It’s one of the truly epic stunts ever caught on video, that of muscle man Jean-Claude Van Damme, the Belgian-born actor, doing the splits between two moving trucks.

The video, which has been viewed nearly 62 million times, was set up to demonstrate the stability and precision of Volvo Dynamic Steering, installed on the two tractor-tractors that are driven backwards as Van Damme uses their rear-view mirrors to brace himself.

The incredible performance comes from an actor who also has done a long list of martial arts action films, including Bloodsport in 1988, Kickboxer in 1989, Universal Soldier in 1992, Hard Target in 1993, Timecop in 1994, Sudden Death in 1995 and The Expendables 2 in 2012.

See it for yourself:

But American tough guy actor and martial arts champion Chuck Norris, whose list of movies continues to expand with his appearance in Expendables 2 just last year, now has taken the stunt to a whole new level.

At least in a video posted online by Delov Digital, a Hungarian animation company.

The company has recreated Van Damme’s feat using Chuck Norris doing the splits between the wings of two jets.

Flying jets.

Holding a human Christmas tree of nearly a dozen airborne comrades on his cowboy hat.

The video isn’t real, but was created by Delov to express, “Merry Christmas and a Happy New Year.”

See it here:

But the video certain adds fuel to the online rage over Norris as a bigger-than-life character about whom the Chuck Norris “facts” grow each day.

One of those online “facts” explains he doesn’t wear a watch; he decides what time it is.

Maybe truer than not? WND recently reported that Businessweek headlined its article “The State of Chuck Norris is Strong.”

It reports that the martial arts champion and longtime action film and television actor, as well as WND columnist, was the only celebrity “who ranked in the top 10 in recognition while also turning up in the top 50 for overall value.”

The rankings concerned how well known, recognized and influential celebrities are for the purpose of endorsements, advertisements and the like.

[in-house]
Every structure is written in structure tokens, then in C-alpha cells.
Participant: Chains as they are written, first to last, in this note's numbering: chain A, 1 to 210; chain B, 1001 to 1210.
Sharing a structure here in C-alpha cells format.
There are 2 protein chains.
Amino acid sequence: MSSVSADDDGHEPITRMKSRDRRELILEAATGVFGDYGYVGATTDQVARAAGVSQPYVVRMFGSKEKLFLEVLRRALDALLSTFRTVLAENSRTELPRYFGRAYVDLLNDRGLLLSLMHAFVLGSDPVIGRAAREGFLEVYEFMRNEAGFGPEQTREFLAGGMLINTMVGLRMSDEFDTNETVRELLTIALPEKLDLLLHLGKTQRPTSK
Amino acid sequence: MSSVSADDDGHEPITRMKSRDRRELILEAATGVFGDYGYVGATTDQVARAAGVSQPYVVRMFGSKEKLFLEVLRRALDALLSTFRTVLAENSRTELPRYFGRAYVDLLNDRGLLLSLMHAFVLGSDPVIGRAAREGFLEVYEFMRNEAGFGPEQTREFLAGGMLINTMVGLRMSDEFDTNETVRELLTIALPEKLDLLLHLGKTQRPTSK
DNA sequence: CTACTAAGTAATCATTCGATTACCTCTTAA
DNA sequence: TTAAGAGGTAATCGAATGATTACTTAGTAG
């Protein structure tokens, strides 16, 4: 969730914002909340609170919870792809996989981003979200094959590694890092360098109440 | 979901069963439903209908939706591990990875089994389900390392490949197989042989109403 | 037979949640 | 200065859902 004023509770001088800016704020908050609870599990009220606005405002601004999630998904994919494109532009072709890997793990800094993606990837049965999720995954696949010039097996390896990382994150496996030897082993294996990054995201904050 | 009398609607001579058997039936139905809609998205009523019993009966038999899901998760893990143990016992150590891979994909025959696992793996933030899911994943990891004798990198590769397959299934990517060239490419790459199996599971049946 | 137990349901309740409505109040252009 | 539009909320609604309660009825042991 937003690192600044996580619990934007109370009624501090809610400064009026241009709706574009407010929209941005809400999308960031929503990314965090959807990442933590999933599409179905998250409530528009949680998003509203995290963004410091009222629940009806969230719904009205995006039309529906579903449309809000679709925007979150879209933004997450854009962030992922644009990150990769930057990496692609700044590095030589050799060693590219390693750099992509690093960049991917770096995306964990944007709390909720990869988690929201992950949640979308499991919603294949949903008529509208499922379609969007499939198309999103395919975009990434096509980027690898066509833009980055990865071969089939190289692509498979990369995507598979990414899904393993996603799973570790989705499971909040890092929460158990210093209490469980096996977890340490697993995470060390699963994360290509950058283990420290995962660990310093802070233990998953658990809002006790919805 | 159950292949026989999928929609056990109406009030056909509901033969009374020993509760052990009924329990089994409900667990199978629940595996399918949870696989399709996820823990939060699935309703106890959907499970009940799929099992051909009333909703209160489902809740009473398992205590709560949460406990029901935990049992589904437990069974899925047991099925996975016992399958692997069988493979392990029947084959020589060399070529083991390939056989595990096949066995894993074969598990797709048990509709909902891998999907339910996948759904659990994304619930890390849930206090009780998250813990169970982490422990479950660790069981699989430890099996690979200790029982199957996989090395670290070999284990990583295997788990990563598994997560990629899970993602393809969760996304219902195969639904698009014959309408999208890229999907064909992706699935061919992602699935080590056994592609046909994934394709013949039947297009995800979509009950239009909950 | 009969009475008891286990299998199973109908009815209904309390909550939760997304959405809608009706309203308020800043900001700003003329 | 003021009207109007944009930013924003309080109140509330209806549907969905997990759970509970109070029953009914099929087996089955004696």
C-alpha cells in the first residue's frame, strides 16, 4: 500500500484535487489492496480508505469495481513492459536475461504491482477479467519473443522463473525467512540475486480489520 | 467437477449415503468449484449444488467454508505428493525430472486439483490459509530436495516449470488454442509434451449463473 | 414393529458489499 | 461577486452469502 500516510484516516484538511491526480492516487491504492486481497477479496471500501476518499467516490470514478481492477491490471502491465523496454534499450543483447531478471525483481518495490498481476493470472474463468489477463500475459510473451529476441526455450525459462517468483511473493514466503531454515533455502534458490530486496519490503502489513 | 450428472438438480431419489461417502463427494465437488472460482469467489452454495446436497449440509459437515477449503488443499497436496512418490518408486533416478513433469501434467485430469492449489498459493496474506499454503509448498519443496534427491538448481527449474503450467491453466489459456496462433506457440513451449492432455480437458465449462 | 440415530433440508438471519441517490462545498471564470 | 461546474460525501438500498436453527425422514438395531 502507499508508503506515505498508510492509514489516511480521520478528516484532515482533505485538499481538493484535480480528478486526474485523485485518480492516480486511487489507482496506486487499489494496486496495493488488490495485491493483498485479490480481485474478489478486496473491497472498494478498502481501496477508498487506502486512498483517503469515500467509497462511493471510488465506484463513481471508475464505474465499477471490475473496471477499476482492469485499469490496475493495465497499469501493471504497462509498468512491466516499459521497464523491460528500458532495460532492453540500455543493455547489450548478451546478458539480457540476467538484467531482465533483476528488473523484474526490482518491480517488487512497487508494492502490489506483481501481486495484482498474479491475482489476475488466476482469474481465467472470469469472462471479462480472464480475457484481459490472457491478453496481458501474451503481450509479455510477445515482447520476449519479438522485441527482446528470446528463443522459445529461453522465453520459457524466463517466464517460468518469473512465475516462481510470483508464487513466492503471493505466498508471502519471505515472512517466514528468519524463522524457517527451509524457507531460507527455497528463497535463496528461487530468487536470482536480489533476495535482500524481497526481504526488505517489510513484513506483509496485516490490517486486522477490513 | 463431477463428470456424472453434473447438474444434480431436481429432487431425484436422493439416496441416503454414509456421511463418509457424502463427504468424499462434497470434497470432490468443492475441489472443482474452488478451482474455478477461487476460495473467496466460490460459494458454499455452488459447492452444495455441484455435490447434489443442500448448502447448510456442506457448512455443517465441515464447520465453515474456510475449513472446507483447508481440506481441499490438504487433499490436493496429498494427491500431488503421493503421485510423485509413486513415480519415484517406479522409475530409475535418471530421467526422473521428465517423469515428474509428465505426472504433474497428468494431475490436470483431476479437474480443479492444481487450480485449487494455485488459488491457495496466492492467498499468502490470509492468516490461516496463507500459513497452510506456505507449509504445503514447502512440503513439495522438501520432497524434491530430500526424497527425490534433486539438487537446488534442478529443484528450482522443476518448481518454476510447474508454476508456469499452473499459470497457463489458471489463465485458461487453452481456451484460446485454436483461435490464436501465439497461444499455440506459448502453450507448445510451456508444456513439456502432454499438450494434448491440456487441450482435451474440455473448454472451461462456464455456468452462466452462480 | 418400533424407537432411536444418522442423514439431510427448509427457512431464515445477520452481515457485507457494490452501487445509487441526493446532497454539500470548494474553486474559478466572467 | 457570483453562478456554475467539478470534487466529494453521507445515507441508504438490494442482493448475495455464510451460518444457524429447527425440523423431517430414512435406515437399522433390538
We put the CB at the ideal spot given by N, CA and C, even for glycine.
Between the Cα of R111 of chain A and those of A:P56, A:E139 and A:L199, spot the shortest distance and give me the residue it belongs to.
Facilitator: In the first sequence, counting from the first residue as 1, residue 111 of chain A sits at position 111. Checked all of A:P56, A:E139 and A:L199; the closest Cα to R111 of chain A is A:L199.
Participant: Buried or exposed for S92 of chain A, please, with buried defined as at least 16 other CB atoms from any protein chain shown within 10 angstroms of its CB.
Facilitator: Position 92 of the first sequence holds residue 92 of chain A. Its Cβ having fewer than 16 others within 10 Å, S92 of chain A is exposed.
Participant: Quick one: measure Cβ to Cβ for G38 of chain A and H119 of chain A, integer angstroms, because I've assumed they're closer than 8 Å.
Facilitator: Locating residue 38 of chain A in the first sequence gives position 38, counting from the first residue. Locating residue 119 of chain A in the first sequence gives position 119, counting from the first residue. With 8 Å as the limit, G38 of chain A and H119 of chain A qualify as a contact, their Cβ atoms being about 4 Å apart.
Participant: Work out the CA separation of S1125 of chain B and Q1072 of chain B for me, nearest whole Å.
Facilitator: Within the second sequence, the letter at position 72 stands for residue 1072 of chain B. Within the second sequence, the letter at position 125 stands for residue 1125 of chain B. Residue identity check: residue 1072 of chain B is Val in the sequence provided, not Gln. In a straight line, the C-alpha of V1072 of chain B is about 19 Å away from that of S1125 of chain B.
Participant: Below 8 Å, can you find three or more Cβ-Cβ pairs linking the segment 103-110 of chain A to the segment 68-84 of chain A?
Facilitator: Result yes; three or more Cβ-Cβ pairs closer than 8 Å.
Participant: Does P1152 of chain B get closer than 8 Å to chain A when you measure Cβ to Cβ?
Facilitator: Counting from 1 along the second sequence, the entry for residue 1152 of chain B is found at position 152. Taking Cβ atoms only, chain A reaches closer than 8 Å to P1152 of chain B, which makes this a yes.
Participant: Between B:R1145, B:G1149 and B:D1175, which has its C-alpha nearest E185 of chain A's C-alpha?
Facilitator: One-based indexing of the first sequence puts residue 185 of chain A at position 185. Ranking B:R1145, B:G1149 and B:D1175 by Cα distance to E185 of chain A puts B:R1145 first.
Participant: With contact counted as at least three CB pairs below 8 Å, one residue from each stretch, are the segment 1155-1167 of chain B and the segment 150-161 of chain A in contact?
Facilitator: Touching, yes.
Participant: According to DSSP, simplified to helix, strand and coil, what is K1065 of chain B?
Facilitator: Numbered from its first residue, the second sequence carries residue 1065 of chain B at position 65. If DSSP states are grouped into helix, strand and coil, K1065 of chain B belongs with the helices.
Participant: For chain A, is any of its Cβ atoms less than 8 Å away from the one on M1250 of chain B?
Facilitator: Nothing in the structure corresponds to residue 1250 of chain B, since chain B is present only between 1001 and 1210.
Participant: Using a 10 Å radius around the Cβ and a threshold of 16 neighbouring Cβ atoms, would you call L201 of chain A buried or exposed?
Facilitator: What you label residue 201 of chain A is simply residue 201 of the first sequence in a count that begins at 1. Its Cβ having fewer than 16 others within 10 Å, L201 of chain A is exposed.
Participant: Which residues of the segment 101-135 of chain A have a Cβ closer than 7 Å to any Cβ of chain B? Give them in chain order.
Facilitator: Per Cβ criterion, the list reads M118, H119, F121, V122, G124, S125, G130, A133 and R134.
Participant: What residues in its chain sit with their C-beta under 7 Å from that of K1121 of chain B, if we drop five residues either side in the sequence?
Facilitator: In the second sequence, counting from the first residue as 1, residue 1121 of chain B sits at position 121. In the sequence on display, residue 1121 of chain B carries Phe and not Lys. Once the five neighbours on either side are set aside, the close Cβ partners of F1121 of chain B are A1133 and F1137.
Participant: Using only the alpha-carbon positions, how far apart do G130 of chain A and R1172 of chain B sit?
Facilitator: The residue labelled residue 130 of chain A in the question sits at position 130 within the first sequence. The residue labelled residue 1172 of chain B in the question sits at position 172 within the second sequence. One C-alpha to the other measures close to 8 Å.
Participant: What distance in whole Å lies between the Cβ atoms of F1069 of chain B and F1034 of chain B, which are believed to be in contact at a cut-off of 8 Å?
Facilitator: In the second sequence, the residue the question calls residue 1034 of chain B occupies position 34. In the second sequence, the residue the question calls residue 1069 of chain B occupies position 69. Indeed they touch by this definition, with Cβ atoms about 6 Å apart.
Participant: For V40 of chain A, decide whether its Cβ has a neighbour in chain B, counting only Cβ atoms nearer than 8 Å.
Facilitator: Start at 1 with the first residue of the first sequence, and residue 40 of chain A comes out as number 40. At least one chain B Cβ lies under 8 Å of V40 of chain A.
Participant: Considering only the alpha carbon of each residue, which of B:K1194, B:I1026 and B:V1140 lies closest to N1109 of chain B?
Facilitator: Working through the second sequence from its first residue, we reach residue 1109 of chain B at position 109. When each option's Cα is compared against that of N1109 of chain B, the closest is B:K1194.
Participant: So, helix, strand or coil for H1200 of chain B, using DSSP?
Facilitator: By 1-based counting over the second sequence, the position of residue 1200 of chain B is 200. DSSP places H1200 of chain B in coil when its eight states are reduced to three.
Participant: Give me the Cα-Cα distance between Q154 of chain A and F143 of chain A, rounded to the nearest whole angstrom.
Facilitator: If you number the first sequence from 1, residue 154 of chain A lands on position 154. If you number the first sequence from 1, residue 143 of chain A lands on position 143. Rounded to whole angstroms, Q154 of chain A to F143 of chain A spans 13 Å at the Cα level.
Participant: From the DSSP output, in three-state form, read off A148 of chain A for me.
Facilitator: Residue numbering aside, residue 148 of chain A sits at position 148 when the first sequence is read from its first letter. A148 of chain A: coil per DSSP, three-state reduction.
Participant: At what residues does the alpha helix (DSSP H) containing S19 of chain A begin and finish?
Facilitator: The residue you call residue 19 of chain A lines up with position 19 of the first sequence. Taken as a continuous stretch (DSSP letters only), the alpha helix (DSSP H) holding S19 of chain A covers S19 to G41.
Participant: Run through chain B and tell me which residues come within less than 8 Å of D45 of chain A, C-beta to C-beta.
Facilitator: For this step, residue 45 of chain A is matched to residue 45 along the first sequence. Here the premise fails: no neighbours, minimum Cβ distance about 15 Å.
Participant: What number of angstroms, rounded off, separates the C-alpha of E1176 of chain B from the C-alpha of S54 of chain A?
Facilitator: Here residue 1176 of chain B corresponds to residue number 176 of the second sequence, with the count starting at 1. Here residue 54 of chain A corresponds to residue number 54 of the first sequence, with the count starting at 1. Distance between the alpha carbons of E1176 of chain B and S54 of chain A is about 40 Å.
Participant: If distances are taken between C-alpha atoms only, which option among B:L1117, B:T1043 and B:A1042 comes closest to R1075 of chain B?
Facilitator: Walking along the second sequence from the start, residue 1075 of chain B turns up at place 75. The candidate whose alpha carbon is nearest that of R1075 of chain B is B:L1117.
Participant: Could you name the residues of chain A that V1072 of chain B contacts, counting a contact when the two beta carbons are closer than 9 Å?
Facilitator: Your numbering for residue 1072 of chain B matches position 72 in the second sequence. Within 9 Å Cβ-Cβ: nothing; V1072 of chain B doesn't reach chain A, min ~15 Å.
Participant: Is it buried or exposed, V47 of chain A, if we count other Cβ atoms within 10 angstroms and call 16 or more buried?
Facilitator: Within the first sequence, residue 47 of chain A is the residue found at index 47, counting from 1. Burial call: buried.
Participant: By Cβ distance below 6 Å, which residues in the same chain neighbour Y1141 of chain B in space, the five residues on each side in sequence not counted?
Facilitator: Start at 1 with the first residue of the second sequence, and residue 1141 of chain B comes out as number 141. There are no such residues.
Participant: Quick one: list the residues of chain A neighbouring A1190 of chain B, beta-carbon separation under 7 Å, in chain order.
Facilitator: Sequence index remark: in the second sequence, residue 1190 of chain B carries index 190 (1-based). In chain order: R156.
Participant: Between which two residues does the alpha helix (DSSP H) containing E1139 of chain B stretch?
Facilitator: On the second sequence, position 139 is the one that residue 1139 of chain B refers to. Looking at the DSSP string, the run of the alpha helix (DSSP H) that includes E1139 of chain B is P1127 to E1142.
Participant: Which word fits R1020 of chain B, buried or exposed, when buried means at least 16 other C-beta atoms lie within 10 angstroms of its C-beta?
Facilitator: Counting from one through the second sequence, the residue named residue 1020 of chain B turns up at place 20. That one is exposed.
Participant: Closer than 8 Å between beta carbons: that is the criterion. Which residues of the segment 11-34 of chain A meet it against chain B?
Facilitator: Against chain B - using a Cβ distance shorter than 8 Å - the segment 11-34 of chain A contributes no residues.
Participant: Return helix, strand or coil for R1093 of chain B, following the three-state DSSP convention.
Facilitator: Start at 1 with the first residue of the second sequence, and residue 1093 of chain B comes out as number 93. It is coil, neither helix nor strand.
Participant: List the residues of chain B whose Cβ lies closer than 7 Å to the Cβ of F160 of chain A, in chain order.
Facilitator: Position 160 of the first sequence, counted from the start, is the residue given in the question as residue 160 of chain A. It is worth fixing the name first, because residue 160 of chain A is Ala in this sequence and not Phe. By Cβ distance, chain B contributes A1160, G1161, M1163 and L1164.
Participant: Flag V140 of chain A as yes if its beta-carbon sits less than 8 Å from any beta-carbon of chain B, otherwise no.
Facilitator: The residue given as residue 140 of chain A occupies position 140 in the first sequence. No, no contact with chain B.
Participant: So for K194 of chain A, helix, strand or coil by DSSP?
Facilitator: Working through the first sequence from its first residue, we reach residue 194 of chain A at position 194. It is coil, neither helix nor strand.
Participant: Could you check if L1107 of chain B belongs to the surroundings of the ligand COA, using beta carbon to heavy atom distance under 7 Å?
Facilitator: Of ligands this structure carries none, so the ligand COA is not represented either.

Explained the report, “Over the past half-century, as the age of the celebrity has taken over American public life, a cottage industry has emerged to assist advertisers in their all-important search for the perfect face to slap on, say, the side of their honey-baked ham. Helping brands measure a celebrity’s value is a competitive field and one that continues to get increasingly specialized.”

A career that culminated in repeated world martial arts championships was followed by successful careers both in movies and television, where he appeared in “Walker, Texas Ranger” for eight seasons.

Now he’s a sought-after columnist for WND as well as author, with “Black Belt Patriotism,” and “The Official Chuck Norris Fact Book” available.

He’s also created a highly innovative martial arts training program for students, called KickStart.

But those “facts” are what puts his name on the Internet literally millions of times a day.

Norris admitted some of his favorite entries include:

  • “When the Boogeyman goes to sleep every night, he checks his closet for Chuck Norris.”
  • “Chuck Norris doesn’t read books. He stares them down until he gets the information he wants.”
  • “Outer space exists because it’s afraid to be on the same planet with Chuck Norris.”

When asked what he thought about the phenomenon, Norris said, “My answer is always the same: Some are funny. Some are pretty far out. And, thankfully, most are just promoting harmless fun.”

Norris, 73, also downplays the notion that he’s some sort of superhero.

“I’ve got a bulletin for you, folks. I am no superman. I realize that now, but I didn’t always. As six-time world karate champion and then a movie star, I put too much trust in who I was, what I could do and what I acquired. I forgot how much I needed others and especially God. Whether we are famous or not, we all need God. We also need other people.”

Van Damme’s video was posted Nov. 13, and has gotten 61,300,000 views. Chuck Norris’s was posted Wednesday, and has had nearly two million.

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